Also, the notion of getting a watch authenticated by the manufacturer is a bit weak. Of all the big brands, only Patek maintains a vintage division that will authenticate watches. Rolex flatly refuses to authenticate watches now. The best they will do is allow you to submit it for service ($900) and then they will tell you if it has any aftermarket parts. If it has more than 3 they will label it a fake and return it to you. Omega is a bit better about cooperating but any of these companies takes weeks to months to get back to you, at which point all of your return rights have vanished.

    Now on to the author’s suggestions about where to buy a vintage watch. As I already stated, people shouldn’t be warned about the possible pitfalls of eBay, they should be flatly told to steer clear until they gain some degree of expertise. Anything less is really doing your readers a disservice, in my opinion. I’m also a bit concerned about some of the suggestions your author makes as alternatives. is a fairly honest marketplace, but even that is very complicated unless you know what you’re doing. Take a red Rolex Submariner for example. There are 6 original dial variations, plus one service dial variation. They are all valued differently. Without knowing even that basic bit of info, how can a buyer not expect to get ripped off? You can bet the sellers know and you can also bet they can spot uneducated buyers in a flash. As for brick and mortar stores, he’s not giving much better advice. Aaron Faber does sell some nice watches, and they do honour their service contracts, but they charge on average double what comparably honourable sellers do. There are much better places to send new and inexperienced buyers, and if you’d like I can offer some suggestions.

    The last point that really rubbed me the wrong way was the author’s suggestion that readers might do well to threaten eBay dealers with bad feedback and with berating them publicly. If one is so out of one’s depth that the only way to feel secure in buying a watch is to threaten the person selling it, it is better to not buy the watch. Additionally, to behave in the way the author suggests is the furthest thing I can think of from being a gentleman, and as someone who has written several articles on etiquette I’m surprised you allowed that in the article.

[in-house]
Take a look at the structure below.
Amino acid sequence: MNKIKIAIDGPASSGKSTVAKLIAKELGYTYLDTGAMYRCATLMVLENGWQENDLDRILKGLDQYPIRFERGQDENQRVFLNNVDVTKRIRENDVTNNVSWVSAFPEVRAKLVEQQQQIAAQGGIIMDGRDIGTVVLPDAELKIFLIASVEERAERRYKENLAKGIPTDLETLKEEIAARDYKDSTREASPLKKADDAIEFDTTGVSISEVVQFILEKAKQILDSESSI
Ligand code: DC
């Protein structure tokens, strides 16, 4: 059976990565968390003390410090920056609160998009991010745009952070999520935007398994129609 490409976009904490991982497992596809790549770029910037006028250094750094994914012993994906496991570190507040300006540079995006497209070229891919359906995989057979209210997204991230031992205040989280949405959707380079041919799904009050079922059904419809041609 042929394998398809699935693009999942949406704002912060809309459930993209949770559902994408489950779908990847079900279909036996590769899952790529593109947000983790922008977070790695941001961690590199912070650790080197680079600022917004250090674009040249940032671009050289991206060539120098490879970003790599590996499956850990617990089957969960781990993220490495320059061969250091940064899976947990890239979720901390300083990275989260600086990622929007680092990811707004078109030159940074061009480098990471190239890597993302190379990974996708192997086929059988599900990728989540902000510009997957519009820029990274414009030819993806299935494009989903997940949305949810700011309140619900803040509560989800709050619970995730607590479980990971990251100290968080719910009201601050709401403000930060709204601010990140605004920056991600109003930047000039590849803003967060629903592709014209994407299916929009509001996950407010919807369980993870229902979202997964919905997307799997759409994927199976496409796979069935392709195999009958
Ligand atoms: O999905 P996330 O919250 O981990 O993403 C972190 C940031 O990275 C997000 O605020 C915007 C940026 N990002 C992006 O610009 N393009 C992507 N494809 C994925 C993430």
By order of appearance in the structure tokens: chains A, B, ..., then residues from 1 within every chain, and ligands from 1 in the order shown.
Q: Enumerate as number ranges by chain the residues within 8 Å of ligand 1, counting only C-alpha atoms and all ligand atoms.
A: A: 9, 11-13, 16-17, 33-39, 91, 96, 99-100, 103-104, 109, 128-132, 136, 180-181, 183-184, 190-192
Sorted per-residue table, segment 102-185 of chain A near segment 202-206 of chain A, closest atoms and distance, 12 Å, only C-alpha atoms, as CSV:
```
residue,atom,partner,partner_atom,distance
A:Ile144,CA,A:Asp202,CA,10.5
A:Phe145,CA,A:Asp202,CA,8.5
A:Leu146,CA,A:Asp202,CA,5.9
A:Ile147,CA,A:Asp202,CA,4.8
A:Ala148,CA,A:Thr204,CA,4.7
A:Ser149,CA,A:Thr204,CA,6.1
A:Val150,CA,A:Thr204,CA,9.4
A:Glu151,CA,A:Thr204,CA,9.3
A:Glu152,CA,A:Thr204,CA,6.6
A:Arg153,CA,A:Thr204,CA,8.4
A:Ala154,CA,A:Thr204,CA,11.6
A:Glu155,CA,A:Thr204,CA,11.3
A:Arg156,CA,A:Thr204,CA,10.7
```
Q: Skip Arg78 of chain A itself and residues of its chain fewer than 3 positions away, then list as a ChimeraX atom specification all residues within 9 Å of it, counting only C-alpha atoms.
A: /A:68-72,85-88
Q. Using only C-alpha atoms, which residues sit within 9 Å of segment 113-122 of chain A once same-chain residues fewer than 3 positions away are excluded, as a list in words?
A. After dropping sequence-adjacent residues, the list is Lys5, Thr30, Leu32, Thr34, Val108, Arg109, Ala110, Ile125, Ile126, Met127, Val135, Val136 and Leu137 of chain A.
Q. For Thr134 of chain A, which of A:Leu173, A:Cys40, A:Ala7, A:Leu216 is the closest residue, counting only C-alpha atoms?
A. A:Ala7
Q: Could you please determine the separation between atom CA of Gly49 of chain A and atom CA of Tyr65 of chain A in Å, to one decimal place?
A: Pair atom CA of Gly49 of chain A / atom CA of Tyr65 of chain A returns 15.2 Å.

My suggestion to your readers would be to look around, find a type of watch they like, and then find an internet forum that deals with those watches (like vintage or, for example.) Then they should register as members, introduce themselves, and start reading and searching through the site, and asking questions of course. What they should not do is find a watch on ebay, visit some forum they’ve never been to before, and ask “is this authentic?”. It’s rude and also foolhardy, as a lot of the experts who frequent these forums, while generally happy to help, are also tired of people doing this. So it may turn out that the person who answers your question doesn’t know much more than you do. If however, you spend time on the forum, read up, and get to know people, you will come away with enough knowledge to fair well, as well as people to give you second opinions before you buy.

    I’ve not even skimmed the surface of the complexities of buying vintage watches. Each area I’ve raised concern over warrants it’s own in-depth article. I do understand that not everyone has the time or the desire to become fluent in the language of vintage watches, but there are many better ways to proceed than were laid out in this article. I’d be wary of allowing this person to charge your readers for consultation services based on what I’ve read here. That said, mine is only one voice from the peanut gallery. I hope you take this letter for what I intend it to be, the friendly concern of a reader who enjoys your site and the diligence you have historically put into the articles you publish. If, on the off chance you make some correction or alteration to the article based on this letter please do not credit me publicly. That’s not my point in writing to you and not something I’d want anyway.

    Best wishes,
    Dave M.
    Brooklyn, NY

Trackbacks & Pingbacks

  1. […] Over at Gentlemen’s Gazette, they tackle the topic of buying a vintage watch. It’s an area that has a lot of interest, especially now that mechanical watches are en vogue. In this article, they really focus on the bargain-hunting aspect, which is something we don’t often see. They cover all the usual bases (know what you want, don’t believe the “too good to be true”, get to know the seller) that these articles normally cover. What I like that they did here was they’ve even thrown in some good “checklist” type of stuff for when you’re evaluating the condition of the watch. For anyone bargain hunting in the “old watch” section, this is a must-read article. […]